This review has been ‘repurposed’ from my other site, theOneliner.com
A Film With Me In It would perhaps win some sort of prize for ‘least useful film title ever’, although undeniably, it is indeed a film with me in it, for given values of me where me equals Mark Doherty, playing Mark, a struggling actor months behind with his rent and in immediate danger of having his girlfriend walk out on him. Me also equals Dylan Moran as Pierce, an equally struggling writer slash director slash alcoholic, played in that typical Moran fashion. Me also equals, at least briefly, Keith Allen as Jack, their understandably peeved landlord.
Briefly, because while this film seems to be setting up a low-key rom-com like film it abruptly jack-knifes into a blackly comic farce. A set of shelves fall on Mark’s dog, killing it. Almost immediately afterwards, a chandelier falls on top of Mark’s disabled brother, killing him. Shocked and dazed by this, he’s unable to tell Jack what’s just occurred as he barges in to fix a dodgy kitchen light, promptly falling off a chair, ramming a screwdriver into his neck in the process and shuffling off his mortal coil.
Needing some sort of solace and advice, he calls Pierce round who immediately recognises that explaining this to the police might be difficult, but things soon get worse as Mark’s girlfriend shows up on the scene, witnesses the carnage and faints, impaling herself on a clarinet stand. Corpse count: 4; three human, one canine.
Realising that having this many fatal accidents occur in so short a space of time is, as Pierce would have it, ‘taking the piss’ and explaining this to the police will now be near impossible, the pair now have to come up with some sort of way of staging this so as to not wind themselves up in jail on a triple murder charge.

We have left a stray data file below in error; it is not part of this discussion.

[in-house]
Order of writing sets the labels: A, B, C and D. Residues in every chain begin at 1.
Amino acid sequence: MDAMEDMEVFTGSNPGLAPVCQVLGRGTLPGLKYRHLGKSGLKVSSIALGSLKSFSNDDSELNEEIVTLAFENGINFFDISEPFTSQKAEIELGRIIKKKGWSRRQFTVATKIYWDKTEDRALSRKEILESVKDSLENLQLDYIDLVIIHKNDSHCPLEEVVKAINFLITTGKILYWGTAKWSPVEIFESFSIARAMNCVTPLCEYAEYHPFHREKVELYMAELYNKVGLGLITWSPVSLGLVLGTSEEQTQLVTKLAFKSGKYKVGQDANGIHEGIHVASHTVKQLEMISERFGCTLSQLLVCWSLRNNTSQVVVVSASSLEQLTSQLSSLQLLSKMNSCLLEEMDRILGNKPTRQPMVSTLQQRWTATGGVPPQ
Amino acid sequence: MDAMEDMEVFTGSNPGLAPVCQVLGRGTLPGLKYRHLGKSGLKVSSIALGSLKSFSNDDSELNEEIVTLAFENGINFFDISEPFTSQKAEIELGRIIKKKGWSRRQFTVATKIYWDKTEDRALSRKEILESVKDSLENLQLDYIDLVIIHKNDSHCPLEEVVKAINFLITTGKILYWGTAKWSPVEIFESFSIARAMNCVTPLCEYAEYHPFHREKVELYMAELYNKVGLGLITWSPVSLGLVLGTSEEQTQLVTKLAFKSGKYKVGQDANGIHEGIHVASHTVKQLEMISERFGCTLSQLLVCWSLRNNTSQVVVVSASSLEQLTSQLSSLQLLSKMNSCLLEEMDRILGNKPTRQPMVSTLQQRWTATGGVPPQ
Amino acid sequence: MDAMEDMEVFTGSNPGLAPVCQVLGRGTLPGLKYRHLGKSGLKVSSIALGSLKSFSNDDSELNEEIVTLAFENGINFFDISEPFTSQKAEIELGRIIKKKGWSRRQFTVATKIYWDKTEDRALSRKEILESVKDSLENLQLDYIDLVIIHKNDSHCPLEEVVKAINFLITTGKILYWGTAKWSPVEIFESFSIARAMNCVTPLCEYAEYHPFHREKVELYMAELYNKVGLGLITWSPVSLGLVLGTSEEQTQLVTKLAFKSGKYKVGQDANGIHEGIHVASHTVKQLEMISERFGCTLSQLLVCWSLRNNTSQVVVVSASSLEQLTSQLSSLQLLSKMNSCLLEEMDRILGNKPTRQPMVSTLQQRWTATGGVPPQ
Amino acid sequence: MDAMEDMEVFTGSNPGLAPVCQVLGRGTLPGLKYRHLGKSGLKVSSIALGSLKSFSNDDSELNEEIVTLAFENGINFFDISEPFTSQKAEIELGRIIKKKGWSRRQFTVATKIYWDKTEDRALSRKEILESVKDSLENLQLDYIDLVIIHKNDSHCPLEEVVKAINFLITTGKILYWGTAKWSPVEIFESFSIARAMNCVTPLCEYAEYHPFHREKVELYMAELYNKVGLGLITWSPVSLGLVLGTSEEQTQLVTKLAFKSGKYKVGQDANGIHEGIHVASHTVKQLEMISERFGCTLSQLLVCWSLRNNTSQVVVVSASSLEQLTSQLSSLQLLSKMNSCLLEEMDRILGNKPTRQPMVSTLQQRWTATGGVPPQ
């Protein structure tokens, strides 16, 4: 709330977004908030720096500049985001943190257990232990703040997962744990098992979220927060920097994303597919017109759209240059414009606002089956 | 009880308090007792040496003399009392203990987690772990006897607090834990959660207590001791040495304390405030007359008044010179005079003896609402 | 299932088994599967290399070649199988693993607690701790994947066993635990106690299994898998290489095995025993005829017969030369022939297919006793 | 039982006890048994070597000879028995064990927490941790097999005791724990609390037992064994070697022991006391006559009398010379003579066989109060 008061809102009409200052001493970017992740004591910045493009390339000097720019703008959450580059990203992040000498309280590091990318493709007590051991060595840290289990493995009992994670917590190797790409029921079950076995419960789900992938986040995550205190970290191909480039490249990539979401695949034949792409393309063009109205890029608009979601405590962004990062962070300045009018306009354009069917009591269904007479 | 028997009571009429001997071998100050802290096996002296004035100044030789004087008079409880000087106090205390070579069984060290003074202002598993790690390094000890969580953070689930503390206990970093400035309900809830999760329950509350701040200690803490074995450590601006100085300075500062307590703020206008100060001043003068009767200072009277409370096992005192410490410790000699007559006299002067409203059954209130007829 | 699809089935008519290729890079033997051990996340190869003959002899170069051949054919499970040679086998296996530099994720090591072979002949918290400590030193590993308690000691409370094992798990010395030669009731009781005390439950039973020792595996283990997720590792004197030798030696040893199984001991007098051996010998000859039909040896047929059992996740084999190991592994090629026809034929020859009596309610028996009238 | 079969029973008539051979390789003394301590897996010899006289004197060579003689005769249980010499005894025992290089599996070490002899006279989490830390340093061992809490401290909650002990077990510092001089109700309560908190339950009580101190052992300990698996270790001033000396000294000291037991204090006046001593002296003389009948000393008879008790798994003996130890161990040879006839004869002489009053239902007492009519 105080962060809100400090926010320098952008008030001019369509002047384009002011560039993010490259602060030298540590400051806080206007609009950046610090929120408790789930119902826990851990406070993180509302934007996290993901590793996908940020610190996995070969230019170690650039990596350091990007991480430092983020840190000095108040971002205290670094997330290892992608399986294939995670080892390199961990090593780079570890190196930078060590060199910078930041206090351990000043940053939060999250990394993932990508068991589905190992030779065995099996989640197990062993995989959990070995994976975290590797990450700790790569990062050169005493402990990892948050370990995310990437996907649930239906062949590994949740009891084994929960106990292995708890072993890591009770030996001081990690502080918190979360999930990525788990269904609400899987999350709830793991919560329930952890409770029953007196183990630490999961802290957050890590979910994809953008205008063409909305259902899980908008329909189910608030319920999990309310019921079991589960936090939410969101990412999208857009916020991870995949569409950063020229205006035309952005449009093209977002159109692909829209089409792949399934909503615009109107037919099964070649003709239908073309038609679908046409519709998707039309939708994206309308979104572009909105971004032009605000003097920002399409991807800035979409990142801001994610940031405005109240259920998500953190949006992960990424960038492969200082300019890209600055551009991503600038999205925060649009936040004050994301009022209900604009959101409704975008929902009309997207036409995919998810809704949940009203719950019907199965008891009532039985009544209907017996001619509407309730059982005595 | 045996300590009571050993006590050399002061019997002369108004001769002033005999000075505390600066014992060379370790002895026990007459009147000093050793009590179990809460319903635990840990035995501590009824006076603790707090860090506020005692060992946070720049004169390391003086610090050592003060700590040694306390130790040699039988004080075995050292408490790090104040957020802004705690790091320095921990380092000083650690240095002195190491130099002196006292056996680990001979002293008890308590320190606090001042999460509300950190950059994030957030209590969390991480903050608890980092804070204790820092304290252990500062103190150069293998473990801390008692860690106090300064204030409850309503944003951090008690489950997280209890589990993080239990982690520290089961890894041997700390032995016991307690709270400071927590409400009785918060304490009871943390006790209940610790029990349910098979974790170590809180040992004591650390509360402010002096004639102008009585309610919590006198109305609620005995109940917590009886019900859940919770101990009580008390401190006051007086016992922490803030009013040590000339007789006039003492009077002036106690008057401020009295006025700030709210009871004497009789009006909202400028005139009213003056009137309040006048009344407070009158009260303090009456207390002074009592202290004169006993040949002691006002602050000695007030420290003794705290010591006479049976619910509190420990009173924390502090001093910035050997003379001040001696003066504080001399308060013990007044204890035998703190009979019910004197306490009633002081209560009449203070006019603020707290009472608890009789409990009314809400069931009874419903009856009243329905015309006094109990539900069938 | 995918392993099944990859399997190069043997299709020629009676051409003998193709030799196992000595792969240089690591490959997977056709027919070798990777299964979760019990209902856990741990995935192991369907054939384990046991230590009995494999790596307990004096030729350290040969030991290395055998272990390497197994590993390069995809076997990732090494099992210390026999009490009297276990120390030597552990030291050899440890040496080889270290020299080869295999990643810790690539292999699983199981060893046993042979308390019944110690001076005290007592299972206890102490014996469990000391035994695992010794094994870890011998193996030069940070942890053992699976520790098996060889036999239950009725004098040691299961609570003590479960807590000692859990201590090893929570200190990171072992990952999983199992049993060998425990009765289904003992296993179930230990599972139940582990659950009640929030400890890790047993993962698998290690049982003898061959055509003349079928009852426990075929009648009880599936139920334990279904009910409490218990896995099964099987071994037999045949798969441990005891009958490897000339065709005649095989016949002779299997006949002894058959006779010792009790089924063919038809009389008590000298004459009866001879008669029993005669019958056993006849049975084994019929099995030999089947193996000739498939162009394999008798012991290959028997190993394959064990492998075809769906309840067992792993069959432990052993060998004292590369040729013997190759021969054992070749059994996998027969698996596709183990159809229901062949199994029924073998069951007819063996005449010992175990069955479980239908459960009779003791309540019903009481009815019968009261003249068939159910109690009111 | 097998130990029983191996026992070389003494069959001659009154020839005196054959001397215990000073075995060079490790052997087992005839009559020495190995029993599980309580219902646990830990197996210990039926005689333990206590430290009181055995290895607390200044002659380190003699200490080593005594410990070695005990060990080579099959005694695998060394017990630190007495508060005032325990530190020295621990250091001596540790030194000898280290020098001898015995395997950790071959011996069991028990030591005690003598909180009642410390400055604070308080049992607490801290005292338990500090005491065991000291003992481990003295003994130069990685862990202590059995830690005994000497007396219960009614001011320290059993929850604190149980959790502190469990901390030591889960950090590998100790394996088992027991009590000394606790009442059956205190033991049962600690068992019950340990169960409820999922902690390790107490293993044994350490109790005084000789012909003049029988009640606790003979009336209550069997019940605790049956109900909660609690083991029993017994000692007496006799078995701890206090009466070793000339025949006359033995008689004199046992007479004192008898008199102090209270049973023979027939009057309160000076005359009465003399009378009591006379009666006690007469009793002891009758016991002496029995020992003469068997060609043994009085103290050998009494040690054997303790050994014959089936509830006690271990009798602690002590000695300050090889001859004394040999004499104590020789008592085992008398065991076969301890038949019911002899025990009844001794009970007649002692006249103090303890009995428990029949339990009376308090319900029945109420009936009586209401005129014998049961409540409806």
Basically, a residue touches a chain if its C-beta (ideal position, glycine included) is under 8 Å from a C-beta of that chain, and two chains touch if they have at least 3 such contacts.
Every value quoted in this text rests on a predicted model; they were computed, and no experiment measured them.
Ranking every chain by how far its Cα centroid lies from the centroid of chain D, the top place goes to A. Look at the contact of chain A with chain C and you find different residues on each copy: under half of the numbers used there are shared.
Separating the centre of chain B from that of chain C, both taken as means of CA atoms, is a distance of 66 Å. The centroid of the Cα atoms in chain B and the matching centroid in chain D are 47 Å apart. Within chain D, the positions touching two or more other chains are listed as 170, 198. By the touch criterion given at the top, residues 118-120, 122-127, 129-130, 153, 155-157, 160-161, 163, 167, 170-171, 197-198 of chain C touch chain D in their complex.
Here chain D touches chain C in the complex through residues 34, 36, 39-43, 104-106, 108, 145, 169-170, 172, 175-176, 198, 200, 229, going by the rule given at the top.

Perhaps surprisingly for such an extraordinarily grim setup, the film is rather deeply funny, in a rather black way. The word ‘farce’ is almost offensive these days, as travesties like Death a a Funeral will attest to, but this particular example works in part because of screenwriter Mark Doherty’s understated, shellshocked turn, but also because of Moran doing that Moran thing.
If you’re going to pick holes in this film, then you might be tempted to start with Moran’s wide eyed, dazed, punch drunk, delivery that he almost always does, and while yes, this doesn’t stretch his talents to new and unusual places, this is only an issue if it ever stops being funny. And it hasn’t. So shut up, theoretical critic.
It’s not a life changing experience, by any stretch of the imagination, but at least for those attuned to a darker comedic sense then this is a rare treat, as while it’s perhaps not as good as this year’s similarly dark In Bruges, it’s not far off and better than pretty much any example from some years prior. Well worth a look when it gets a full release, as I assume that it will at some point over the next year.